Having a criminal record doesn’t mean you need to stay on house arrest forever. Most people with criminal records, even those with felony convictions, are eligible to get a US passport. There are only very limited circumstances in which US citizens with criminal records can be denied passports or have their passports revoked.
Drug Trafficking Convictions and Passports
Under current US law, the only crime that disqualifies people from getting or keeping a passport is international drug trafficking. This applies to people who have been convicted of a felony or misdemeanor drug offense, who used their passport or crossed an international border while committing the crime. The US State Department will revoke the valid passport of convicted drug traffickers or refuse to issue a new one. (For the letter of the law, see 22 U.S. Code § 2714). However, this only applies during the period of incarceration and parole. Once the parole is over, they are eligible to apply for a passport again.
Passports for Convicted Sex Offenders
In early February 2016, the “International Megan’s Law” was passed by Congress and signed into law by President Obama. This legislation calls for the State Department to put a marking on the passports of certain sex offenders. It’s not yet known what that mark would be, but it would be used only on passports of people convicted of a sexual offense against a minor. The law also authorizes the State Department to revoke existing passports of these sex offenders and require them to get new, marked passports instead.
The “International Megan’s Law” began to be enforced by the State Department on October 30, 2017.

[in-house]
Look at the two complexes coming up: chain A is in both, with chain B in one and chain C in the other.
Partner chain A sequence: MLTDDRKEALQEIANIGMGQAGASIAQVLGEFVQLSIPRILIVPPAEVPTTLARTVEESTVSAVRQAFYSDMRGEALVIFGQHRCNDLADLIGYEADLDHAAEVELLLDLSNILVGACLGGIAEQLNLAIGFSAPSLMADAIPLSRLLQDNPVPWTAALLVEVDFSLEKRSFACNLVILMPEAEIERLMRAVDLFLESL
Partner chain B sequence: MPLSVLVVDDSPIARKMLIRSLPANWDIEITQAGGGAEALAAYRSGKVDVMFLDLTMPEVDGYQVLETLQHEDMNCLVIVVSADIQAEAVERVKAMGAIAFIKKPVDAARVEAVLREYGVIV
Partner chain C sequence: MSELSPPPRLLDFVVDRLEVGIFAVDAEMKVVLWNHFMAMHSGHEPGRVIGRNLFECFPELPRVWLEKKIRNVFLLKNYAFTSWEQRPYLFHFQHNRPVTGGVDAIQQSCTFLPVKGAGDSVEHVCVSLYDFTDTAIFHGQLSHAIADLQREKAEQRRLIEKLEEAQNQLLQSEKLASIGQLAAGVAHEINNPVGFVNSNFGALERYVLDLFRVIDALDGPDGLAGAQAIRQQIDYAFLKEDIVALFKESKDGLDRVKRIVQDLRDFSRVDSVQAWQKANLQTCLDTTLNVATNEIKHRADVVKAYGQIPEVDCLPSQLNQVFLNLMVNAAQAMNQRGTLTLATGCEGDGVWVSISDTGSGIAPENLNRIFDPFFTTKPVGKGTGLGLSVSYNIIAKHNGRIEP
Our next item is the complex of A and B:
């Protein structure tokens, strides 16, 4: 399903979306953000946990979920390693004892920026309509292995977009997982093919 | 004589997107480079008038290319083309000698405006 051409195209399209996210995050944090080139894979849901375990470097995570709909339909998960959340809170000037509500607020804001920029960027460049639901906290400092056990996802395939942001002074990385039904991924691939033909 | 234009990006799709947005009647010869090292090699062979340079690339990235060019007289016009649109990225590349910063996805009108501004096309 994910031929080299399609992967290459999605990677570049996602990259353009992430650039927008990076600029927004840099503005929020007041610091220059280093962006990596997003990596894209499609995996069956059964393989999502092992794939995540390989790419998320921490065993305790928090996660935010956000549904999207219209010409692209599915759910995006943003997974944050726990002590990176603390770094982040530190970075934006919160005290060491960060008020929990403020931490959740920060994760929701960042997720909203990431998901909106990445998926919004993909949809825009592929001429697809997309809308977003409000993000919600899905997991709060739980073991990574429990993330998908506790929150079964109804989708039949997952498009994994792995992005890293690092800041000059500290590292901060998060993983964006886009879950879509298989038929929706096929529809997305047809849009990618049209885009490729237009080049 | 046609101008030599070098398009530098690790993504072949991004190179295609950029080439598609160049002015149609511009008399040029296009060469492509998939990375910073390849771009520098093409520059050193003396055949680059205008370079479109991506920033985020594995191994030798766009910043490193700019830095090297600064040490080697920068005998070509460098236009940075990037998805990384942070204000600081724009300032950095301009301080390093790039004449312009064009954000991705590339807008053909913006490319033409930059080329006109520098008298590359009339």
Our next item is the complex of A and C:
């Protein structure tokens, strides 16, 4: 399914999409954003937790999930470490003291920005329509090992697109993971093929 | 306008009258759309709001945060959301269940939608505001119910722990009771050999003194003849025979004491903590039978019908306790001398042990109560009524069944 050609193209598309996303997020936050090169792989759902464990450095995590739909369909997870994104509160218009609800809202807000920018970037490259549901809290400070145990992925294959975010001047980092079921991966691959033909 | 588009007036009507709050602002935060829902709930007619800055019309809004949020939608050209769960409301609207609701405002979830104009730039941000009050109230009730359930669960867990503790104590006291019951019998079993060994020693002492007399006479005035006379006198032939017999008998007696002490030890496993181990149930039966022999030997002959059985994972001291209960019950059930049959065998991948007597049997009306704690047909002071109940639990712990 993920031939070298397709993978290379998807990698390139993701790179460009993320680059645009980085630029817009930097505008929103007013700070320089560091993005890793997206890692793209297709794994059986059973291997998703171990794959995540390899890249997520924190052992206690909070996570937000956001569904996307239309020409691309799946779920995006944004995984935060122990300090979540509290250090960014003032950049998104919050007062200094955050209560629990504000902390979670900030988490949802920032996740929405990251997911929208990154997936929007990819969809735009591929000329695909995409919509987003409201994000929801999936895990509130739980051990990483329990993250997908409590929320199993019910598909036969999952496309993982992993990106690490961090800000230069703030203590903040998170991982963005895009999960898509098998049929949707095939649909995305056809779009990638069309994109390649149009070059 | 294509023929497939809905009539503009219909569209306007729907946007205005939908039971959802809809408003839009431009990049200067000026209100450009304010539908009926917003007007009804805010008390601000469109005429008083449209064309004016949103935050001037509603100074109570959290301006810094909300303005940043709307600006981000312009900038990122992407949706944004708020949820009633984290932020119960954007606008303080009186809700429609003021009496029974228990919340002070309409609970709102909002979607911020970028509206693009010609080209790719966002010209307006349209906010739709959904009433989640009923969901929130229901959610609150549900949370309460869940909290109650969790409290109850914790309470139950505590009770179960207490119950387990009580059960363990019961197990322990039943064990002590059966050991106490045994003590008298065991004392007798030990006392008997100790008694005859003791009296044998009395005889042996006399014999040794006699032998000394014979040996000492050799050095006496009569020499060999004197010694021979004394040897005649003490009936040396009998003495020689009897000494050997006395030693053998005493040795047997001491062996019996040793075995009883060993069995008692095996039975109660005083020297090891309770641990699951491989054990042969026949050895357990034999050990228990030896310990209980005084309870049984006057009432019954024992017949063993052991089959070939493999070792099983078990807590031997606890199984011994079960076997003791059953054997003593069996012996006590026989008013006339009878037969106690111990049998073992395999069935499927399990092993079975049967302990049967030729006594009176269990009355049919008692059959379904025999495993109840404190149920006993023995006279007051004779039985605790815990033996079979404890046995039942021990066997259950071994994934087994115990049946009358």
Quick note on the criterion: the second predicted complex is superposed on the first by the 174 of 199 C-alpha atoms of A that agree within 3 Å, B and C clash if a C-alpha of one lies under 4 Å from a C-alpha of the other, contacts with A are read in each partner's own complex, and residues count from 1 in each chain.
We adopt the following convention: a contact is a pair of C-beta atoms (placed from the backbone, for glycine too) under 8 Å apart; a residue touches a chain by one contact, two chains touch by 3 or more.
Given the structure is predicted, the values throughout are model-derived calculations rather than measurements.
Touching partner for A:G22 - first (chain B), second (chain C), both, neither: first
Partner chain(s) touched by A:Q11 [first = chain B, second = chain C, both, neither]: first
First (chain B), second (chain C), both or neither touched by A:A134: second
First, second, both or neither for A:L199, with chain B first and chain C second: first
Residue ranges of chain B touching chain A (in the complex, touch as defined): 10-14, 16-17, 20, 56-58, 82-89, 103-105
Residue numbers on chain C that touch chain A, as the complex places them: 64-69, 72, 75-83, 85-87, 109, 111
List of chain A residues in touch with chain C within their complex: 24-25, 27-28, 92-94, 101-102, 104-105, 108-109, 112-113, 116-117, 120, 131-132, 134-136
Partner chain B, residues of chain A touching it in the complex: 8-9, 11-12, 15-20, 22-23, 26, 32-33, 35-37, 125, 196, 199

Other Passport and Travel Issues
Another crime-related reason a passport application may be denied is if an applicant has an active warrant for a felony, or if they are awaiting trial and are considered a flight risk.
Although the vast majority of US citizens with prior felony convictions are able to get passports with no problems, they may still face problems when trying to travel overseas. Canada is notorious for refusing entry to US citizens with criminal records, even those with misdemeanor convictions. (For more information, see the CIC website.) Many other countries will ask about criminal records on their visa applications, and a felony conviction may be grounds for a consulate to require a personal interview with the traveler, or for the visa to be denied.
If you are concerned about how your criminal record may impact your ability to get a US passport, we recommend you apply for a passport using a passport expediting service. Even if you don’t need your passport in a hurry, using a service is a good idea because their agents can act as your advocate and discuss your case with Passport Agency personnel.